ROBERT SIEGEL, host: From Cambodia now, a hopeful story that begins in the darkest period of that country's history. In the mid-to-late 1970s, the Khmer Rouge killed over a million people in Cambodia and tore countless families apart.
From Phnom Penh, NPR's Anthony Kuhn introduces us to one such family that has been reunited by a peculiar series of events.
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ANTHONY KUHN: Peou Phyrun steers his motorcycle down the rutted dirt road to his father's home in southern Cambodia's Kampot province. His father, 85-year-old Peou Nam, lives in a traditional Khmer farmhouse on stilts, among verdant rice paddies and towering sugar palms.
Father and son sit down together to tell their story. Phyrun's father had served as an official in the Lon Nol government, which the Khmer Rouge toppled in 1975. The family was told that their father had been executed. In the early 1980s, Phyrun and his six siblings immigrated to Canada. One night last year, he recalls having a vivid dream.
PEOU PHYRUN: In the dream, I saw my father walking. And I was walking, and then I met him unexpectedly. And he said: Hey, dear son, I'm still alive, come to me.
KUHN: Phyrun went to Cambodia and spent months searching for his dad, along the Thai-Cambodian border. He distributed fliers with his father's picture and story. Just at that time, Phyrun's father remembers being at home when an inexplicable impulse came over him.
PEOU NAM: (Through translator) I felt unsettled, restless. I had this urge to go to the town of Poi Pet, where I had worked before. I didn't realize my children were looking for me. Then I saw posters for a missing person. The person in the picture looked familiar and the story matched my own.
KUHN: Townsfolk in the border town of Poi Pet insisted that Phyrun speak to a local spirit medium. Phyrun didn't believe in the supernatural, but he went anyway. The medium told Phyrun exactly when and where to meet his father and then he predicted...
PHYRUN: You will see him, but I warn you, you will not recognize your father and your father will deny you. But you are his son and he is your father.
KUHN: Indeed, both father and son thought they had the wrong person. Some things just didn't match. The old man had a mole on his face, which Phyrun's father didn't have. And while the son remembered his father had a blackened fingernail, the man before him had a normal pink one. Hoping to confirm the man's identity, Phyrun's sister in Canada turned to Connie Adams, a psychic in Merrickville, Ontario. Adams recalls the family asking her about their father.
CONNIE ADAMS: And I could see him very clearly in my mind as an older man, not a young man. So that tells me that he was alive. But I also talked in detail during the reading about things or markings he would have had on his body or things that would identify him as their father.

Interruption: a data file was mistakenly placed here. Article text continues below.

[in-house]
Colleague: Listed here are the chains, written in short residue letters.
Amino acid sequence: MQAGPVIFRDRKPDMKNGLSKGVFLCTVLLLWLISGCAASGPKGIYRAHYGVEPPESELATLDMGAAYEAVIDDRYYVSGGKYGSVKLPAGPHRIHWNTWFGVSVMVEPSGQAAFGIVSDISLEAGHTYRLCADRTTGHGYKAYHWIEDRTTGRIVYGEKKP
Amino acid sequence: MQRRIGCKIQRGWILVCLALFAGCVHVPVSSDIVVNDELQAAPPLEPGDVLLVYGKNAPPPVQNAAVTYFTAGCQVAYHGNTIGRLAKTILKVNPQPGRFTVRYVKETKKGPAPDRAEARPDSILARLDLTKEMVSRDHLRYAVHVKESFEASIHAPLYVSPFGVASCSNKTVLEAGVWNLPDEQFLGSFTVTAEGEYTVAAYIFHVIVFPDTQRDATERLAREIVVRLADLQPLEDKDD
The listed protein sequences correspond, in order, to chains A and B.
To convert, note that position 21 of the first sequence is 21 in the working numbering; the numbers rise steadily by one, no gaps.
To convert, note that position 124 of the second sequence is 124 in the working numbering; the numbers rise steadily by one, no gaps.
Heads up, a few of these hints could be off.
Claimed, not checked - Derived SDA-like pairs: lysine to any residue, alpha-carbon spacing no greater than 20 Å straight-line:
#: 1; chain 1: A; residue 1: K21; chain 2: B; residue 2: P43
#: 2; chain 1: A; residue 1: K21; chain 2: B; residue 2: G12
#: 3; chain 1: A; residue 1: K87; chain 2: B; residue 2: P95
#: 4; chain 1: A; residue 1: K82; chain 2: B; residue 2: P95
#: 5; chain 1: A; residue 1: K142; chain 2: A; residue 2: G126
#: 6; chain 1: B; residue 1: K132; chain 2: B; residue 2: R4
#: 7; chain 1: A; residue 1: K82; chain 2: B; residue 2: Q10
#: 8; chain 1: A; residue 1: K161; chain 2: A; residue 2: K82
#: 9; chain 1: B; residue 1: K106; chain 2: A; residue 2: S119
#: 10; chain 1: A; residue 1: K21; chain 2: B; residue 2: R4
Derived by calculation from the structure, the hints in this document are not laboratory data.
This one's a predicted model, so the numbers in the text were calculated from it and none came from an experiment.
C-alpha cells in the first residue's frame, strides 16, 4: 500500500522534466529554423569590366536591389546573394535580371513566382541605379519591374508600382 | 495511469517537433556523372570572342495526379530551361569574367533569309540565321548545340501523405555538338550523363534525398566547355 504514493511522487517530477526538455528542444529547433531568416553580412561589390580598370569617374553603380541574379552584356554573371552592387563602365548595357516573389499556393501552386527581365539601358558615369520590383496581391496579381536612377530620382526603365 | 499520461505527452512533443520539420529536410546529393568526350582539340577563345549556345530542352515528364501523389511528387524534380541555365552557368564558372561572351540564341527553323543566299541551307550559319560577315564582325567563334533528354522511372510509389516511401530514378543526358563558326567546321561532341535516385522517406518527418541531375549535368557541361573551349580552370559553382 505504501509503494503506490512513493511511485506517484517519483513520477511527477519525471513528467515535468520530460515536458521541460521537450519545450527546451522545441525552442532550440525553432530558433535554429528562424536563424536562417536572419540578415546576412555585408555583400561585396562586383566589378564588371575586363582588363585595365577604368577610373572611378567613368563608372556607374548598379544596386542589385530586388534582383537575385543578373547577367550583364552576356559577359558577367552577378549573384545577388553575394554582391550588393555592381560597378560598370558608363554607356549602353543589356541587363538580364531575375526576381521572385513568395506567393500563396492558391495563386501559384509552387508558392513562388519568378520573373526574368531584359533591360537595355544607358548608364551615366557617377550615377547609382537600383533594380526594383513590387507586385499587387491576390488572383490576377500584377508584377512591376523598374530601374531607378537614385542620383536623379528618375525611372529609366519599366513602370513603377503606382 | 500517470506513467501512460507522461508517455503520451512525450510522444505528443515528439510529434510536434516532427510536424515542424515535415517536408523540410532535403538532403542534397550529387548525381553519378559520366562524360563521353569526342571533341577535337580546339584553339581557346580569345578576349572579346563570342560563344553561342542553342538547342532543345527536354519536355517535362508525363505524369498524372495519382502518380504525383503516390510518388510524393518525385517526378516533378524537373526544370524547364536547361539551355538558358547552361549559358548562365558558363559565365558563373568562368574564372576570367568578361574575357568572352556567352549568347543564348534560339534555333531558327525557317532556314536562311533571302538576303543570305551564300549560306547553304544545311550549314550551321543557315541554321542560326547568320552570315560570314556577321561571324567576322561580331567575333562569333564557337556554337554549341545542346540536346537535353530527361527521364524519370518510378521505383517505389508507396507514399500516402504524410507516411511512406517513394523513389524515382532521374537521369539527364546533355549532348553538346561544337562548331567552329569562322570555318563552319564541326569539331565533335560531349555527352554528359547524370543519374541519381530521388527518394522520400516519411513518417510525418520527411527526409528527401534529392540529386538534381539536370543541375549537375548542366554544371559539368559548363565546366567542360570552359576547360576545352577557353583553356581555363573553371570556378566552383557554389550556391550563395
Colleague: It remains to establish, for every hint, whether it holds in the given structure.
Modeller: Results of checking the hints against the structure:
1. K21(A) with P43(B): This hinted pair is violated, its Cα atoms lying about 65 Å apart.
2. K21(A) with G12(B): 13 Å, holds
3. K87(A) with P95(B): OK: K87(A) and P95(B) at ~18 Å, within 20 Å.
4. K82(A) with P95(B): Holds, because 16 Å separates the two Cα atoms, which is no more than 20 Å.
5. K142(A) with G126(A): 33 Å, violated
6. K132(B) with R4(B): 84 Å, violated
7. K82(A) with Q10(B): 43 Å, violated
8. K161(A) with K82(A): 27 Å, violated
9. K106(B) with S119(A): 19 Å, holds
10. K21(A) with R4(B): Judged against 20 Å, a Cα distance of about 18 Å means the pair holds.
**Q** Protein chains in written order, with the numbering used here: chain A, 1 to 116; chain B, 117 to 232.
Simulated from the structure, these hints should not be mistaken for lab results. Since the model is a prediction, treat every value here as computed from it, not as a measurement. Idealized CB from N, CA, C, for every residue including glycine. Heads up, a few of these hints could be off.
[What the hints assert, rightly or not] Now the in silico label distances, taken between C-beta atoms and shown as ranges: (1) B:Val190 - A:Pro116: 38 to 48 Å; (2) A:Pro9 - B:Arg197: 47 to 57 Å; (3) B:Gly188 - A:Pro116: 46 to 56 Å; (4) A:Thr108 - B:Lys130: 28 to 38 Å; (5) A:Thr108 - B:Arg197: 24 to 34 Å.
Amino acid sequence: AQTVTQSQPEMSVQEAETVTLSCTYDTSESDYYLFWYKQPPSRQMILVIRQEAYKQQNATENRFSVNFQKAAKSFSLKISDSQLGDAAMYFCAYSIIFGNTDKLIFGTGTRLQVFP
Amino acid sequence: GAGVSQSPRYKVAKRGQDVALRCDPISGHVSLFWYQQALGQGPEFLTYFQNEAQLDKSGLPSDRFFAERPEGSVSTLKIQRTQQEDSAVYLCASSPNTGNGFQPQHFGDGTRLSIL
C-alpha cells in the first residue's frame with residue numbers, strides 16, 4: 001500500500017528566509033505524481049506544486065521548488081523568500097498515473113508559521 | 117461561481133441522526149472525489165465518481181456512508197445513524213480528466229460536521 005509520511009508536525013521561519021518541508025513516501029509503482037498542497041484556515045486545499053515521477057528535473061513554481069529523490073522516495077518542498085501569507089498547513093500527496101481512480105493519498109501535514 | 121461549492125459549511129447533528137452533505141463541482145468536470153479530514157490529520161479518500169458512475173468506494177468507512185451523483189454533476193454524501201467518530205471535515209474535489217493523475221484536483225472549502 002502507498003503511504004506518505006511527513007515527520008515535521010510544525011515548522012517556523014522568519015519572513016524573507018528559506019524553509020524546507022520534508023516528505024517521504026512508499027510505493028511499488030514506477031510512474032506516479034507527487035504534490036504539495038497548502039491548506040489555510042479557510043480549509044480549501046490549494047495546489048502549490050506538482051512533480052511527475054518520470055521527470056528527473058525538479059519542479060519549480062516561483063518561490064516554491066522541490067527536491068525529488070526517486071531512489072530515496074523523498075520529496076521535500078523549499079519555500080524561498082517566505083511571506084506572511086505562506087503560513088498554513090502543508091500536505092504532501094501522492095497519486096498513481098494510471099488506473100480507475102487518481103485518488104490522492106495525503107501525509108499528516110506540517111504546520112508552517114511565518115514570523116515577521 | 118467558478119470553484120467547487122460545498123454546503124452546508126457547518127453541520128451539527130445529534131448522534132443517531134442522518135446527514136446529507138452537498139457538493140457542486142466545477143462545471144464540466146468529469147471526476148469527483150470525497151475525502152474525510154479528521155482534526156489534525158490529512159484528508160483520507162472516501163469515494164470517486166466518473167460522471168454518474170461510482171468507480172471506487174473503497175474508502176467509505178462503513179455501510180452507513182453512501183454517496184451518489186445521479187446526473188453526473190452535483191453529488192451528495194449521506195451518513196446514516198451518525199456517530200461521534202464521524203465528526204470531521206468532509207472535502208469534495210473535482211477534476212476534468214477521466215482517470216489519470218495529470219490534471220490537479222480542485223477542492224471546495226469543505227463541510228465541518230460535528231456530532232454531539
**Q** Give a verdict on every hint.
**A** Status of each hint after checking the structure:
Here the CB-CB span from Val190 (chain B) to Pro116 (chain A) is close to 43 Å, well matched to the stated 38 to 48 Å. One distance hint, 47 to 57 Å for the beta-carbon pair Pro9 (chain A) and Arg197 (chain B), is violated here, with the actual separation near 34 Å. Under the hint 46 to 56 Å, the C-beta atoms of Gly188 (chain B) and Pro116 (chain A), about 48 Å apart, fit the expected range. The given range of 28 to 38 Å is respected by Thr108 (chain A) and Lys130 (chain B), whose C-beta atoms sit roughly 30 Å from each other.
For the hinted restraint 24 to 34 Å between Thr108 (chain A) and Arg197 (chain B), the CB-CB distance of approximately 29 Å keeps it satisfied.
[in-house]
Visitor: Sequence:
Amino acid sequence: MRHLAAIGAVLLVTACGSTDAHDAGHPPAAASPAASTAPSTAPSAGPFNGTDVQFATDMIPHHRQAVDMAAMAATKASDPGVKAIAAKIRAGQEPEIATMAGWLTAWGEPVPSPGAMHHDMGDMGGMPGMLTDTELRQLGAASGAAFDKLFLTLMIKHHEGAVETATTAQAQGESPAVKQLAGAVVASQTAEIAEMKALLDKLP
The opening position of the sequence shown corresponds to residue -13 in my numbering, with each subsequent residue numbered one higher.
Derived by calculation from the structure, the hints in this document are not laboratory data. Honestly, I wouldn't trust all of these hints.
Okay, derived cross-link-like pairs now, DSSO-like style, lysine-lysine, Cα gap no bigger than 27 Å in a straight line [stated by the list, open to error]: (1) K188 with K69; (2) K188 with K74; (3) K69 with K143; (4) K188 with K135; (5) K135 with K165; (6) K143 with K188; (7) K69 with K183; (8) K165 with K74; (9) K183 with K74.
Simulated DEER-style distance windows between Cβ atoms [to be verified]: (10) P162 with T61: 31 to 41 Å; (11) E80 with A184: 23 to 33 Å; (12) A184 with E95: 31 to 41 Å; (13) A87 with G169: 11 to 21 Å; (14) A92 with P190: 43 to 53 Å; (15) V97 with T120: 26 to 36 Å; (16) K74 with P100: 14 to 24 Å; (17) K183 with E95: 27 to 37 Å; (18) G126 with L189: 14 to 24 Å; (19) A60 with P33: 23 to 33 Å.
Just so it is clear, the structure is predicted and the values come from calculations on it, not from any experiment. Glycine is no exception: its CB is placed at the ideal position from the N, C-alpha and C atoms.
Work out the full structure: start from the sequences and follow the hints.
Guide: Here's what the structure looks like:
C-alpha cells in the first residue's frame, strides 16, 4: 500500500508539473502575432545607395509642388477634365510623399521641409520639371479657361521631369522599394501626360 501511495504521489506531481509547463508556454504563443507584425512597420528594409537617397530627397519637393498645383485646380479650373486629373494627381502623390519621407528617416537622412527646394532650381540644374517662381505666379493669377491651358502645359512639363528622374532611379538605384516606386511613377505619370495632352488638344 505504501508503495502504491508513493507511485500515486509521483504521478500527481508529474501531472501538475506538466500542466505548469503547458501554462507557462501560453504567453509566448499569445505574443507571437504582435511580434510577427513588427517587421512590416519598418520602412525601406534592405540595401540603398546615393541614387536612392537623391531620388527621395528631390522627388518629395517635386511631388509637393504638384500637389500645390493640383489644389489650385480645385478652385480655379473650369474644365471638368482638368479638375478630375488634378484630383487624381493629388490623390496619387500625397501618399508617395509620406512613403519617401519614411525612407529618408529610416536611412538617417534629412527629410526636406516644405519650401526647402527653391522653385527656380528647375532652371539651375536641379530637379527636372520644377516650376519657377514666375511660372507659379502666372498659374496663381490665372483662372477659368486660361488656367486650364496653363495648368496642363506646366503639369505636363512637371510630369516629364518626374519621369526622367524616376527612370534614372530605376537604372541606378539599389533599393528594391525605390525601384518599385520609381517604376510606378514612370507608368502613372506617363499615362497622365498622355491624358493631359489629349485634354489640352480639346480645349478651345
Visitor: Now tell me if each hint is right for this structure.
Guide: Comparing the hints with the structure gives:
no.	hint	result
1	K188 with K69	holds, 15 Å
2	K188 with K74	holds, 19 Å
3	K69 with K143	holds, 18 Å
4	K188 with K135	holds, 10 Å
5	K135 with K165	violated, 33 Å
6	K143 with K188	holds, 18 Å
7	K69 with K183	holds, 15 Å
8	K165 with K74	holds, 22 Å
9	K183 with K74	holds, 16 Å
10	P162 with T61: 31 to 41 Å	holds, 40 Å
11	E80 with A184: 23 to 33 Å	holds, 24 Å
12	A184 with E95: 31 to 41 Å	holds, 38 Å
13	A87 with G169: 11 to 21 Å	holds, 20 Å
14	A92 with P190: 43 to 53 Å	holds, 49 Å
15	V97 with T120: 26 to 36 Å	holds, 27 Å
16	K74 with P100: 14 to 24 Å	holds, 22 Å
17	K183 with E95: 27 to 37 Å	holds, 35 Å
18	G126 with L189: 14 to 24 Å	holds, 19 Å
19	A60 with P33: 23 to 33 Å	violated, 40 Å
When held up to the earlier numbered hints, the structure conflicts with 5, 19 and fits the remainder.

KUHN: The clincher came when the old man spoke to his former wife in Canada by phone.
NAM: (Through translator) I began to communicate with my son's mother by phone. She wasn't sure about me either, so we started to test each other, asking questions about our private life that no other family member could possibly know about.
KUHN: Peou's amnesia gradually lifted and he remembered his lost family. He also remembered how the Khmer Rouge bludgeoned him and left him for dead in a mass grave, how he climbed out from under the corpses and wandered the land in a traumatized state, how he changed his name, remarried and had six more children.
NAM: (Through translator) My memory is incomplete. I just remember that I was forced to do labor and cut trees. If I didn't please my captors, they tortured me however they liked. I just endured it to survive, but I don't know how I survived.
KUHN: The elder Peou says that he always believed that he would reunite with his lost family in a future life, but fate brought them back together in this life, he says, which he now feels is complete.
As for the mole, that had grown out in just the past couple of years. And Phyrun explains about that blackened fingernail.
PHYRUN: Then, finally, he told my mother that the reason why my nails are now nice and white, because when I was in prison, they pulled out my nails.
KUHN: While the Peou family's reunion was extraordinary, their separation was not. Since their story was aired by local media, other Cambodians whose families were torn apart by the Khmer Rouge have contacted the Peou family and told them that their story has given them hope.
Anthony Kuhn, NPR News, Phnom Penh.
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SIEGEL: This is ALL THINGS CONSIDERED from NPR News.
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